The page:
Tag: The Static Memories

Motionless on the Roman underground

October 2016
Green Door Store

Steve Gisby

Steve Gisby

Steve Gisby introduces his set as an iterative set based on a sample from the London Underground. He explains the process in a bit more detail actually (you can read an online version here) it starts as a short repeating block of agreeable but white noise that opens out into what’s recognisable as a tube announcement looping, as we listen more layers come in, there’s one layer that has the rhythm of a train passing over points – but I’m pretty sure just that rhythm is a part of the process rather than anything particular for this evening. It quickly reaches a level of almost stasis, where you start to get sucked into details – the announcement loop shortens until the recognisable voice elements are gone and it sounds like a snare drum with the snare itself dropped bashing away. A wheel squeak whine comes slowly up out of the clatter which becomes chopped into another layer of two noted rhythm, things have fallen imperceptibly away, the noise elements shifting into tonal qualities and then the chop comes in to slice things up into a gated beat to close. Its almost syncopated.



Another set that starts with an introduction – I do like artists who communicate. Maria Marzaoli starts her set with “Fenesta ca lucive” a piece she did at Infrasection, Its an old song written for an old style Tenor, but her version is outstanding. She starts with field recordings from an Italian street, bells, footsteps and her voice low in the mix thin and plaintive.
The scene shifts to a café, someone else is singing and a family gathers while she starts to play her violin back against a previous version on the backing track. I seriously want to cry. Beautiful stuff. The piece finishes with sounds like a fishing trip while Maria sings again.
Her second piece is really empty a field recording of what sounds like a pretty intensely hot midday while she scratches out some unpleasant creaking loops of violin bow noise. Occasionally a squeak or a flurry of clean notes, a playground swing, distant bark. I feel creeped out fearing a zombie attack in a spaghetti western set. The final piece is based around a recording of the beach, Maria reciting verse too quietly for me to discern, she wrenches even more unpleasant sounds from her violin for this one – a base metal drum being hauled over concrete, plucked notes, delayed, train whistles, parched.
Before ending on a repeated lyrical thread that builds to a climax for the end.

The Static Memories with Al Strachan


Gus Garside starts the Static Memories set with some strokes of his bow across the double bass through the effects to through us off our track.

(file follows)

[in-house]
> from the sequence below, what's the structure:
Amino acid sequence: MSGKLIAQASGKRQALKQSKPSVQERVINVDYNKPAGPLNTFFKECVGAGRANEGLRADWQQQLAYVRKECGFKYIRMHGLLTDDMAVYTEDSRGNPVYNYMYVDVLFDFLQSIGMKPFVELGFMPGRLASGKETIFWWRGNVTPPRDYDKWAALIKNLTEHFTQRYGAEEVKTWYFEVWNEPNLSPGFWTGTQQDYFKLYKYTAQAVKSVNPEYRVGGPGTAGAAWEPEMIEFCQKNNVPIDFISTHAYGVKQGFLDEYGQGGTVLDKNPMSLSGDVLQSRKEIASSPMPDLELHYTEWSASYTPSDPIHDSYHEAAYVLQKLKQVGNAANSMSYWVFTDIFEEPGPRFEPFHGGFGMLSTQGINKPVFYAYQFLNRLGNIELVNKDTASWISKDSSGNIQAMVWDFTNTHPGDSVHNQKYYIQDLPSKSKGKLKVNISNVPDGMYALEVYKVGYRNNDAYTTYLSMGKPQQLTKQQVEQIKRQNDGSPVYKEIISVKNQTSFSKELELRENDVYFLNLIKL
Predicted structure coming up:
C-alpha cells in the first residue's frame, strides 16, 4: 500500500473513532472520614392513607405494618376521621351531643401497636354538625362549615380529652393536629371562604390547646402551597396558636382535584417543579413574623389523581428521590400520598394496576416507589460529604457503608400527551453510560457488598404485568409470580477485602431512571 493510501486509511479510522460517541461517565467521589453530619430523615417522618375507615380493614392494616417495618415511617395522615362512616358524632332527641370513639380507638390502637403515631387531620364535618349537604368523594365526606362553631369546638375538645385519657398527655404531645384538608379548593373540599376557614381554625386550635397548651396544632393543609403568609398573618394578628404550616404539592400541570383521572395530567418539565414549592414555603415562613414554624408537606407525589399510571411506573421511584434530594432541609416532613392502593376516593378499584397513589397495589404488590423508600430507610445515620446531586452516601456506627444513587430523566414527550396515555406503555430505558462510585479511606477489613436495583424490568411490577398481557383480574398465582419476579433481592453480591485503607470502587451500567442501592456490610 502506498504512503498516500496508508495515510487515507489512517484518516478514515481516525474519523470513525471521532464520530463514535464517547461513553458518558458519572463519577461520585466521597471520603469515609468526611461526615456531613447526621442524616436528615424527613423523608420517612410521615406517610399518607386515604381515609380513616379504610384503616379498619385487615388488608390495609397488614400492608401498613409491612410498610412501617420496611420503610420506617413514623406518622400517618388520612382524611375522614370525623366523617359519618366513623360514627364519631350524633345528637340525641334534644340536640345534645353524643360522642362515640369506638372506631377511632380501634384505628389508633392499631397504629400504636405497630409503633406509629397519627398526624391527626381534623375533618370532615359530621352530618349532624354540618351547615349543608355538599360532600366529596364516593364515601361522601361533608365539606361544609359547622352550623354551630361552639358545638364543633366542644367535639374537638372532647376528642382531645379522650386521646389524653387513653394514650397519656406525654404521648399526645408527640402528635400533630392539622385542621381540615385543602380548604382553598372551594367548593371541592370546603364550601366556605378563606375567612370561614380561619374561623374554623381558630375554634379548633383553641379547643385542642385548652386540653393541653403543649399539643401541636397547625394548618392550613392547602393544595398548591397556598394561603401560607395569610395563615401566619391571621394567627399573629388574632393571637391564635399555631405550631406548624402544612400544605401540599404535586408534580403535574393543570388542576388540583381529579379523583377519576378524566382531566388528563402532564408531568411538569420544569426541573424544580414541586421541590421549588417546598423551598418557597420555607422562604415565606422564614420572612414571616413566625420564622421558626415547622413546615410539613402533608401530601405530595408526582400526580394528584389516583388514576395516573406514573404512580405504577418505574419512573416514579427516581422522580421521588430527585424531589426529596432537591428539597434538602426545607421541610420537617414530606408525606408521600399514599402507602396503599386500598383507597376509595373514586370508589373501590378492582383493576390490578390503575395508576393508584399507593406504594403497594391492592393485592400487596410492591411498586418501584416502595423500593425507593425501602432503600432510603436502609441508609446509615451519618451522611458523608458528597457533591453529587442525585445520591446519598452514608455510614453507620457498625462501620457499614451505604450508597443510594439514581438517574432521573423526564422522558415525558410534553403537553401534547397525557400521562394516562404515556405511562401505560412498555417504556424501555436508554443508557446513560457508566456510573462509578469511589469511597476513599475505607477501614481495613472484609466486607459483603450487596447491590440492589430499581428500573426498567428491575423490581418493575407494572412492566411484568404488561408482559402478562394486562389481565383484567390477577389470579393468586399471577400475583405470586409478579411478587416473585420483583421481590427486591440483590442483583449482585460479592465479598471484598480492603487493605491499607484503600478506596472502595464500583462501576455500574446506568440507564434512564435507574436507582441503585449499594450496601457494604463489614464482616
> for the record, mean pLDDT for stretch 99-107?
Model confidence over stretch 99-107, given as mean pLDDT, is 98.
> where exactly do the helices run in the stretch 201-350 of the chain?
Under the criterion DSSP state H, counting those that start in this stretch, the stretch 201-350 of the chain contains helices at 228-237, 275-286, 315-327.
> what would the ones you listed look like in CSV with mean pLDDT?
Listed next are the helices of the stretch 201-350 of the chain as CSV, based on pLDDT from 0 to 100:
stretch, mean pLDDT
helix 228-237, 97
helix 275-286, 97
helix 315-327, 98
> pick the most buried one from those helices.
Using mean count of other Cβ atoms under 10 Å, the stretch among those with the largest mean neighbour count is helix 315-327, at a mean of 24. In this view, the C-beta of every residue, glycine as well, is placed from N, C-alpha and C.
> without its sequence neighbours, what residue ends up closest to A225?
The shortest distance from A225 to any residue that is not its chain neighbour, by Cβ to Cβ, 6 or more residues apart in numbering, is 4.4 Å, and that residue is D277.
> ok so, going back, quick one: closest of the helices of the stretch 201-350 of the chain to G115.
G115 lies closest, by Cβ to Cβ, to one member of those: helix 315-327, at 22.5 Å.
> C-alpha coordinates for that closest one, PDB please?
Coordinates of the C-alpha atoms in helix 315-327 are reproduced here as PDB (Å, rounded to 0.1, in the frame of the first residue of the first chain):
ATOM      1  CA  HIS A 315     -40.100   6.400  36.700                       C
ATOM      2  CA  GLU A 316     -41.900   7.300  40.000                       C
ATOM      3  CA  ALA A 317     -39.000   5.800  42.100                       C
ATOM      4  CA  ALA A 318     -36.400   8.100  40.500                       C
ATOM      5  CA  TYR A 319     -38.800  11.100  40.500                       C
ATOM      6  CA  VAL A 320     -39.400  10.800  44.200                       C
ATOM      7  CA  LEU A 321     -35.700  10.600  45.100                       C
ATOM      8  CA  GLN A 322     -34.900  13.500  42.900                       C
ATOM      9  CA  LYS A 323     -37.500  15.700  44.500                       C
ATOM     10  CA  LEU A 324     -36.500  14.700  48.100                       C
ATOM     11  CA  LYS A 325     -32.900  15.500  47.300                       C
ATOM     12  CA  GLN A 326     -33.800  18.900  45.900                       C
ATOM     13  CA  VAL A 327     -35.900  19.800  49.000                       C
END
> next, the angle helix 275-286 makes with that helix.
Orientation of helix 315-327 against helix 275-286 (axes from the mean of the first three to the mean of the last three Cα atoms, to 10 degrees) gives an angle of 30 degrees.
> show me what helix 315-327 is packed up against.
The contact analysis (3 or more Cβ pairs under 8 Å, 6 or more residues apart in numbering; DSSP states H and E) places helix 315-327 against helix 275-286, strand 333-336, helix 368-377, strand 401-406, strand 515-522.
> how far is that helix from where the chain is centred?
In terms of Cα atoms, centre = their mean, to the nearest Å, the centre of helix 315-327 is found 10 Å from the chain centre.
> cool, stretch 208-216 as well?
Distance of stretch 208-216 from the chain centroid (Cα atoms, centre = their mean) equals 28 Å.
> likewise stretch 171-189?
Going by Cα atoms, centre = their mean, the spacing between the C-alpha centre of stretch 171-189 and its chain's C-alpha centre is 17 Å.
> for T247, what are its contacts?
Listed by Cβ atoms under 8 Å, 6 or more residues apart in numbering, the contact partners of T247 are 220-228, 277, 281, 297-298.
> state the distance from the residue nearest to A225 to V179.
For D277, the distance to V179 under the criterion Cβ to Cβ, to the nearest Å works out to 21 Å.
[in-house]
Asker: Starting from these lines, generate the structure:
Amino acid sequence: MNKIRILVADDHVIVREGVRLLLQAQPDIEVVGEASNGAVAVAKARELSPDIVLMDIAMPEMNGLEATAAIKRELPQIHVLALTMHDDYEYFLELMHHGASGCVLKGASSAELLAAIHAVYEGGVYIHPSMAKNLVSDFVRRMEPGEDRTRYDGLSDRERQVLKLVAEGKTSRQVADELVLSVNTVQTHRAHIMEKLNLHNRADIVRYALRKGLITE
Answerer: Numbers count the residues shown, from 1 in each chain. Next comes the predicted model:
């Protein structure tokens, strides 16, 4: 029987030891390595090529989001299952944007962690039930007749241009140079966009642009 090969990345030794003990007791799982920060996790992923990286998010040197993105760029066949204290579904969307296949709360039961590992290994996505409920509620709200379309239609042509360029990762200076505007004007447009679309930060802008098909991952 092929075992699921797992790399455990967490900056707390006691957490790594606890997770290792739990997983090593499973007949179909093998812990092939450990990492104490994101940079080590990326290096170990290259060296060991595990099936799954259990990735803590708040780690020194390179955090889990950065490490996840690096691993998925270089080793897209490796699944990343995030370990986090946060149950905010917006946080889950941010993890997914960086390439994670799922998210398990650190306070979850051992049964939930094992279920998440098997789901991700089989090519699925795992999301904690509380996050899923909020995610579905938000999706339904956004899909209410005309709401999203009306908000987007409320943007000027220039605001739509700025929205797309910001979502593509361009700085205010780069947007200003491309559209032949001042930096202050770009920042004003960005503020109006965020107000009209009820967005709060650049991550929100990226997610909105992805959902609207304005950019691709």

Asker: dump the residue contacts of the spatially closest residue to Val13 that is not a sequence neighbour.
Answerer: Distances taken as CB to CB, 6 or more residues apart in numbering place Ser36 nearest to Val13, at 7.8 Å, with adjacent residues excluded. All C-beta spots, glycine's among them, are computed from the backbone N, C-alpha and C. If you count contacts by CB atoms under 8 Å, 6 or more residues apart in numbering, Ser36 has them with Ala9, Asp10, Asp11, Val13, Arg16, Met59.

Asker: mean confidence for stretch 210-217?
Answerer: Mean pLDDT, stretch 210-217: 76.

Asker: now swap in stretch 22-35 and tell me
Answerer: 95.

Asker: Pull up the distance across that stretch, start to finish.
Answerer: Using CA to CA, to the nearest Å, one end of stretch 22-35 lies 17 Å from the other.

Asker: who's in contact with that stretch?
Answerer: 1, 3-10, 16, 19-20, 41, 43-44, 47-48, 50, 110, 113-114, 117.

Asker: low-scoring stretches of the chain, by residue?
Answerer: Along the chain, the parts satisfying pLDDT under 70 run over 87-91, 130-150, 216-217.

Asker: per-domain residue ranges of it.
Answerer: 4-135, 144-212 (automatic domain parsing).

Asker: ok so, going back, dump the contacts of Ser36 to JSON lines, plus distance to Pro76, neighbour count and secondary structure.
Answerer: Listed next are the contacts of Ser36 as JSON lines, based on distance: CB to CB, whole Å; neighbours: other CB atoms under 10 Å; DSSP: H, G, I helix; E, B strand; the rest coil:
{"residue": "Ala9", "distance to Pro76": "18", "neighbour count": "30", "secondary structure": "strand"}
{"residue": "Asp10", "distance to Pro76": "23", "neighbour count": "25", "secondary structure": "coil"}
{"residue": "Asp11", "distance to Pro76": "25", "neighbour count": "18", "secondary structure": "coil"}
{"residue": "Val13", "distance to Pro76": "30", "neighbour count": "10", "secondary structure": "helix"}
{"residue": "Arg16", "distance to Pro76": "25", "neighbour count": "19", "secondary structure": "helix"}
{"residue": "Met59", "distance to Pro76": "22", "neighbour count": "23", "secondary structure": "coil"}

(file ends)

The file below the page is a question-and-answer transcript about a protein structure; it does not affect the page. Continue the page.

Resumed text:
Alistair Strachan breathes through his cornet into a double effects chain and Dan Powell gets some unplaceable whirrs. For the three of them this may be an even Quieter and emptier set than Maria’s. sounds come and go, digital warbles, distant taps and clanks odd lengthy notes from the other side of space. Occasionally something of a melancholy tune escapes from Al and spreads itself gently through the sound stage. Gus may gently remind of his instruments range and dexterity, or Dan take some stately ascent into hyperspace. One of the oddest moments comes with Gus singing into god-knows-what effect that chirrups his voice into unintelligible electronic burblings. There is little in the way of melodic content, but the confluence of sounds between the three of them (or any two as often one will sit out) can conjure wonderful images. There is a rhythm at one stage. Drum machined, simple, flanged into some kind of muffled shimmer. It’s another rather lovely set.

That last Scope

January 2016
The Scope XVIII

I think it was a good one to end on, we’ve had a good run up here at The Caroline of Brunswick and put on a lot of rare stuff we wouldn’t otherwise have seen. Thanks to Dan Powell for playing at so many of them.


Baby Baby was depleted even beyond the trio we were expecting, Adam Bushell turned up, set up his Vibraphone and drums, slept for an hour and then had to go home poorly. So we were left with Alfie on Double bass and Will on guitar and flute. I’d not seen Alfie before. He started with some plucked figures with Will interjecting on screwed up acoustic guitar, before switching to longer bowed figures and Will switching to flute, with some interesting overtones, switching between lower tones and almost feedback sonorities Alfie tapping the bass body in lieu of Adam, before dropping back to Will on the guitar chords and Alfie back off the bow. Before finishing strongly on long flute tones and bass rumble.